In what can most generously be described as one of the uglier NFL football games of the 2007 season, the Minnesota Vikings prevailed over the hapless Chicago Bears on Monday night by a deceptive score of 20-13. In which direction that score is more desceptive, however, depends upon your point of view.
On one hand, the Bears' defense did a respectable job forcing the Vikings to go with plan B--anything involving quarterback Tarvaris Jackson--far more often than Vikings' head coach Brad Childress appeared comfortable with so doing. The result was, by Vikings' standards, a second straight week of sub-standard rushing as the Vikings' running backs tallied a well-below average 109 yards rushing on 25 carries, and three picks for the hurried, harried, and harrassed Jackson.
Jackson's errant passes, sometimes off his back foot, often in a crowd, offered a glimpse of what Vikings' fans might be witness to in the short term should the Vikings, any time soon, be compelled to rely on Jackson to lead a comeback--something Jackson has yet to do in the NFL.
Unlike the past two weeks, when Jackson had ample time to sit in the pocket and no pressure to resurrect a flagging offense, against Chicago the opposite was true. Trailing for much of the game and mostly stymied by the Bears' run defense, the Vikings turned to Jackson to move the offense. In some respects, the gambit worked, as Jackson passed for 249 yards. In other respects, it failed to reveal the progress that Jackson hinted at the past two weeks as two of Jackson's three picks were squarely the result of ill-advised passes.
While the Bears' defense and Jackson conspired to make the Vikings' offense look its plodding worst for most stretches of the game, the Vikings' offense shone as a veritable blueprint for offensive success in the NFL in contrast to the woeful, nearly non-existent entity to which some unabashedly refer as the Bears' offense. Whatever that entity actually is, it surely is one of the uglier sights the modern NFL era has witnessed.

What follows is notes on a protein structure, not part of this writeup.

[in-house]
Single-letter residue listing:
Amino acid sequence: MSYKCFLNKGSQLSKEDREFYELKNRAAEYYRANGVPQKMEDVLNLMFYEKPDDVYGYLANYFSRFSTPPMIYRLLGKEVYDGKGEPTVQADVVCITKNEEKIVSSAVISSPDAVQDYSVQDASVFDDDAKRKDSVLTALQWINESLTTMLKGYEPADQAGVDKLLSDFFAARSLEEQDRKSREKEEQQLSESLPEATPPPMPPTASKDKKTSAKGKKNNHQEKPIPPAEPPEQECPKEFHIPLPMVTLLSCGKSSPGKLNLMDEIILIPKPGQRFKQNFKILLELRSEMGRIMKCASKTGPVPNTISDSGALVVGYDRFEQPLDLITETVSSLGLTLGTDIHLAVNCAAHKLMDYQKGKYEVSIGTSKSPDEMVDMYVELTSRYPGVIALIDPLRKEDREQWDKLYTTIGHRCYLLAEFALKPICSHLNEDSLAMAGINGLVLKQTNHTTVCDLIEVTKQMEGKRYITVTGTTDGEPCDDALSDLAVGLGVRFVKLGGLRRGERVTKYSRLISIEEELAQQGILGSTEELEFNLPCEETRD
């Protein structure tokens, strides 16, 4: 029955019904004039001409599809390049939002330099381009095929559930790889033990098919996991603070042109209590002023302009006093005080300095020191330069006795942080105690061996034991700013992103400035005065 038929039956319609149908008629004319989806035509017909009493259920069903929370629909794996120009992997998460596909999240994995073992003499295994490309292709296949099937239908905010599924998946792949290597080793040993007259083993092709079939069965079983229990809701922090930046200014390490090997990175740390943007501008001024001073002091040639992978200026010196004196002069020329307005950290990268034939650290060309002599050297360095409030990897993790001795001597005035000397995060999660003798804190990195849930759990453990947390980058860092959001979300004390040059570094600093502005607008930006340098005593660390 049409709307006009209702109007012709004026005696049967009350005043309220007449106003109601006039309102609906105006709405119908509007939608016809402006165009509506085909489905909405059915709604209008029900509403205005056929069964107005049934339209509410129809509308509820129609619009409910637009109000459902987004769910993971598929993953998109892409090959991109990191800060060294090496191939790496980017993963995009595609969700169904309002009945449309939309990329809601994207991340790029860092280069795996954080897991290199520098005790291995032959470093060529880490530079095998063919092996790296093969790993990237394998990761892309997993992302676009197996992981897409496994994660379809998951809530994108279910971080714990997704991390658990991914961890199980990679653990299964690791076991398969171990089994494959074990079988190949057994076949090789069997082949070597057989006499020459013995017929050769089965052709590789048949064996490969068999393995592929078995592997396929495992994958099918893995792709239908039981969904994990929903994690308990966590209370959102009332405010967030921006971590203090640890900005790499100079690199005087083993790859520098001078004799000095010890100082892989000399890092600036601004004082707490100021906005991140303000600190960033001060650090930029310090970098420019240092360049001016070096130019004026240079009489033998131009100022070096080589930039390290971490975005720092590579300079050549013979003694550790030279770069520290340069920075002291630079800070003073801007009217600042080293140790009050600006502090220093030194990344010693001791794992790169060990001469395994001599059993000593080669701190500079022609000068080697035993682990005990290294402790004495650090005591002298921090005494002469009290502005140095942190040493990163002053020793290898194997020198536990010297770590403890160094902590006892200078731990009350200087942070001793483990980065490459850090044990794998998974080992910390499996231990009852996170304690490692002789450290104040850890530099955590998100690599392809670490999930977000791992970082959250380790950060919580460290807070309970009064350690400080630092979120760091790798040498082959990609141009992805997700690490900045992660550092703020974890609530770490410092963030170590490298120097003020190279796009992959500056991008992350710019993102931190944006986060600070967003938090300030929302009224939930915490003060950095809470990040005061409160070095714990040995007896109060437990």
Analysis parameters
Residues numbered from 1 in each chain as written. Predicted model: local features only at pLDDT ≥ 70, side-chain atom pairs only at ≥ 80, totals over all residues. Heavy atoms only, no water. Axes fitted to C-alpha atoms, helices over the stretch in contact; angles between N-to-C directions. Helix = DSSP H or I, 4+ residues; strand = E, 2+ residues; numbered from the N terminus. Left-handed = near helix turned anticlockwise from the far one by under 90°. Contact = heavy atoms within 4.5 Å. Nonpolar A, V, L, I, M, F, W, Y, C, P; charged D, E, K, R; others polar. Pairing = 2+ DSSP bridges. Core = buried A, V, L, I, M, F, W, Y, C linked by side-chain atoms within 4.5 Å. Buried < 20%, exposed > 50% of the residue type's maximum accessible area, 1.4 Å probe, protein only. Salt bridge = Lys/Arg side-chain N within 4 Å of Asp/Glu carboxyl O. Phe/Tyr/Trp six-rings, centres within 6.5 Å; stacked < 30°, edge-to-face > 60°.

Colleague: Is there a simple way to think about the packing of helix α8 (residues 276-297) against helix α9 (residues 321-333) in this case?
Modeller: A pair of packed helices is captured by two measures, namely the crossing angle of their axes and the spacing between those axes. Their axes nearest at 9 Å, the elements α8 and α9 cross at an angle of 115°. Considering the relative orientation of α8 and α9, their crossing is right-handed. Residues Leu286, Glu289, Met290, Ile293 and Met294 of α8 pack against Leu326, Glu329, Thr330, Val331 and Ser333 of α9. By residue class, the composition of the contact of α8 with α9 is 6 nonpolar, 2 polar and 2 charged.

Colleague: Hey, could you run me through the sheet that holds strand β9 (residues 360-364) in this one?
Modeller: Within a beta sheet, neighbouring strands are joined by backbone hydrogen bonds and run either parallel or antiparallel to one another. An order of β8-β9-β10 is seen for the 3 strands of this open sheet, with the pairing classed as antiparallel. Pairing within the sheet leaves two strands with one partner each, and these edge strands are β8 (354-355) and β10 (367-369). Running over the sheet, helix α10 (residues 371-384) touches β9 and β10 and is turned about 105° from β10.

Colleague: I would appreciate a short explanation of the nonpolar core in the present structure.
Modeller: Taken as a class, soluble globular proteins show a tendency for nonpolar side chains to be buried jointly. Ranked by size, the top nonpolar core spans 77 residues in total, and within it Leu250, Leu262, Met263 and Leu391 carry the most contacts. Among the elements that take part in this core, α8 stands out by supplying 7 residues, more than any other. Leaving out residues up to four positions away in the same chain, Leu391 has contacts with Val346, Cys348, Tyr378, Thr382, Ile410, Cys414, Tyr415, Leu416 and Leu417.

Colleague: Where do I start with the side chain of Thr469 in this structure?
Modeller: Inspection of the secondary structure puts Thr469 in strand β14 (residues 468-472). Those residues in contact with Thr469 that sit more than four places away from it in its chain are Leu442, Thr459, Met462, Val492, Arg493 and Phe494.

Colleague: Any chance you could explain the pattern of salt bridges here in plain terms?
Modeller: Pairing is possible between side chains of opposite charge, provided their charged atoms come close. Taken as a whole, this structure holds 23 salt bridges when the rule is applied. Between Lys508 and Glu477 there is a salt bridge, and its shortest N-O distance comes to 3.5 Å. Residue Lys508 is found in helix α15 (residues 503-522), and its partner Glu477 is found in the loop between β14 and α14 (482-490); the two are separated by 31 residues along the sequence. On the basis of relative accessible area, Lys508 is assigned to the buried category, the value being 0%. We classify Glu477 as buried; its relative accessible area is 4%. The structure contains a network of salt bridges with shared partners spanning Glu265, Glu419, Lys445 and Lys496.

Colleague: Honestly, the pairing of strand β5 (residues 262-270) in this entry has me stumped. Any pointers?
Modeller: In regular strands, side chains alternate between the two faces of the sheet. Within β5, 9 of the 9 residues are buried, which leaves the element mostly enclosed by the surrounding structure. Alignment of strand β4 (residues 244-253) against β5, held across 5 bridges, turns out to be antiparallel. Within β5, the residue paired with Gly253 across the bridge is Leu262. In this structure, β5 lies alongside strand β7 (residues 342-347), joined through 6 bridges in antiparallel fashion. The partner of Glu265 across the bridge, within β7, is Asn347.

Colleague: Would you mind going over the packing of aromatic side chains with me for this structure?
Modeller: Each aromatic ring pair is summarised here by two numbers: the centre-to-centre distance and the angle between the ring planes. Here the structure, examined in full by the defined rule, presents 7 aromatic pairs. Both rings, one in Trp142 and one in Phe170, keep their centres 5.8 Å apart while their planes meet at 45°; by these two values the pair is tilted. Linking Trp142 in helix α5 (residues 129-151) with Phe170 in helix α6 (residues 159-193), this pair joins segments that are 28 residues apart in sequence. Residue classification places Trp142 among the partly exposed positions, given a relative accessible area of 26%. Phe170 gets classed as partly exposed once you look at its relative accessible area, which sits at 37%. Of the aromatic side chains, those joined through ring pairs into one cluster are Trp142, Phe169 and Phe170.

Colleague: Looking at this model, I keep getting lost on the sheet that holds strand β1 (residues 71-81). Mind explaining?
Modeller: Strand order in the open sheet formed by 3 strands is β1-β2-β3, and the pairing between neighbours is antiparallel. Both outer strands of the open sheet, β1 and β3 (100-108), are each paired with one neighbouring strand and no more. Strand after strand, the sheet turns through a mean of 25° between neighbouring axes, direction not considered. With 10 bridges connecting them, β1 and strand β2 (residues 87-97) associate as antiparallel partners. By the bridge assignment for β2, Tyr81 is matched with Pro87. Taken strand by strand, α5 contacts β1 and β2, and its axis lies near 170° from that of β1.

With third-string quarterback Kyle Orton starting for soon-to-be-releasedfirst- and second-string quarterbacks Rex Grossman and Brian Griese, and no running game of which to speak, the Bears' offense truly was something for which only the mothers of those associated with that offense could muster any positive sentiment.
Putrid hardly describes the Bears' offense on Monday. On the night, the Bears had a measly 11 first downs, were 1 of 14 on third-down attempts, averaged 1.9 yards per rushing attempt, and, in a statistic that would make even Childress blush, averaged 8 yards per completed pass against the 32nd-ranked passing defense in the NFL. Orton's unbelievable heave down the field with the game still in the balance and no need to panic merely highlighted the Bears' offensive dysfunction, with Vikings' safety Darren Sharper mercifully putting the woeful show of ineptitude out of its misery with the Vikings' sole pick of the game.
If ever a team should hang its head in victory, this victory comes close for the Vikings. It's nice to win a tight game. It's nice to show some fortitude in the face of unexpected adversity--even if it is the backup quarterback that is showing the lion's share of that fortitude. And it's nice to win a game that was a near must-win. But it really could not have been any less pleasing of a game to watch had it been scripted as such.
Up Next: Stubborn or Realistic? Plus, whither Williamson?